What’s wrong with Artie Lange is the kind of million-dollar question that no one has satisfactorily answered, so it’s best to ditch it and just look at the particulars. He has been on and off of heroin for three years. In fact, he was on a five-day bender during the photo shoot for this article, before Christmas. Our photographer was in his living room, and Lange was hiding in the bathroom, snorting a dime bag. He gets into drugs like this every couple months, before trying to go straight again. Then he gobbles the opiate-blocker Subutex to ward off withdrawal, or he downs a whopping 20-odd painkillers like Vicodin and Percocet per day, or he dries out in rehab centers of various disciplinary ideologies. This time, Lange got shipped off to a detox center in Florida for a 21-day program of cucumber juice, therapy and wheatgrass enemas. “I had to get a doctor’s prescription for an apple, because apples have too much sugar,” he says. Seven days later, he was ready to split: A weed-smoking, Neil Young-loving chick from Pittsburgh with whom he once had a fling was on vacation in Miami, and he wanted to get into her pants. He ditched the detox center and booked a room and the Setai hotel in Miami’s South Beach for $1800 a night. He took that woman to a $300 dinner at an Italian restaurant, and the next night he treated another lady to a $750 meal at Nobu. He spent $120 on a haircut and $1800 on two pairs of sunglasses. Then he started to think that it would be good to make back all the money he just wasted, so he booked three shows for later in the week at Caroline’s comedy club in Manhattan for $35,000. The whole rehab thing was expensive, costing him about $17,000. Checking out early, he reasoned, didn’t leave him a penny poorer. Plus he didn’t want to postpone the interview with Rolling Stone any longer. He’s always afraid that everyone secretly hates him, that everything he’s worked for is going to be suddenly snatched away.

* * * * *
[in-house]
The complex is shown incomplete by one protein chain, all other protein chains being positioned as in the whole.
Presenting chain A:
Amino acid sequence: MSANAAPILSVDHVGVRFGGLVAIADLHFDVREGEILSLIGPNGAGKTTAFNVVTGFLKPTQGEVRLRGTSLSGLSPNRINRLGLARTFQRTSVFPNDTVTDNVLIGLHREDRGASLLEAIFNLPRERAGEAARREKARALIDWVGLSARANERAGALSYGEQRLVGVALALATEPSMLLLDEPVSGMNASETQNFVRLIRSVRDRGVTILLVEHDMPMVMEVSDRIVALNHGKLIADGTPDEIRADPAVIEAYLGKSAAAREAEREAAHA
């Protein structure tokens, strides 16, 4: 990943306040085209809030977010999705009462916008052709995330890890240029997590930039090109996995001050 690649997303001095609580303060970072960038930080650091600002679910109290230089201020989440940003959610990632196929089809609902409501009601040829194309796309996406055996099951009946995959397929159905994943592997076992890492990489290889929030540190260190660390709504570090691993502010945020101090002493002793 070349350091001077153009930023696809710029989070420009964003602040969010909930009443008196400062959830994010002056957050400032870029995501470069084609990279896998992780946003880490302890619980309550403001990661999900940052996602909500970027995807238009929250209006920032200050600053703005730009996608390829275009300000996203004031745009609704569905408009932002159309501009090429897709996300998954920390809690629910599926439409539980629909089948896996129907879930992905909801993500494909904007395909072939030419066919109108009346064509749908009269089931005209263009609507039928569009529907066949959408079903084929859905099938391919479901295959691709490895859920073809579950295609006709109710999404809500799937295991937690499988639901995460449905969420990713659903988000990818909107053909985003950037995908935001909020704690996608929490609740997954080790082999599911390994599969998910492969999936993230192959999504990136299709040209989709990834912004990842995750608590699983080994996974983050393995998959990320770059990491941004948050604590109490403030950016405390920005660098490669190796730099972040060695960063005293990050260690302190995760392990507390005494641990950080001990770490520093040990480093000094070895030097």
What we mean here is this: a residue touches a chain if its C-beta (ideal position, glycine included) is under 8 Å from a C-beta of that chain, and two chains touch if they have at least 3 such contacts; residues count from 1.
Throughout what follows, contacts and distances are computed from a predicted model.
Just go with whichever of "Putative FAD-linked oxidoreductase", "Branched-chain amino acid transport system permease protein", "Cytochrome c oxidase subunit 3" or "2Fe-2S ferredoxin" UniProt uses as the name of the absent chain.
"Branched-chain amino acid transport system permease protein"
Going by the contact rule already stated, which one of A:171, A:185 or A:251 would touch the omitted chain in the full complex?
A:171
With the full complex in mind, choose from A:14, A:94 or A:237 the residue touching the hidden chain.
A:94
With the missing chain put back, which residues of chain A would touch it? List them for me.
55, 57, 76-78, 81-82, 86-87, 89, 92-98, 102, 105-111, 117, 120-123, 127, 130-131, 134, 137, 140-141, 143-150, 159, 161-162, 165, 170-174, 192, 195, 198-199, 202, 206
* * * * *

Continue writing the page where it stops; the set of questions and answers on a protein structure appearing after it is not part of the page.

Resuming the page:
So here he is, on January 7th, back in New York on The Howard Stern Show two weeks earlier than planned, and his mother and sister are furious. Even Stern is upset. Lange sweats into the microphone, his new $900 sunglasses clapped on his face; at least he’s not nodding off today, which has been known to happen. The rest of the staff bust his balls: “Artie wouldn’t stay in rehab, he had to go-go-go,” chimes in a producer, to the tune of Amy Whinehouse’s “Rehab.”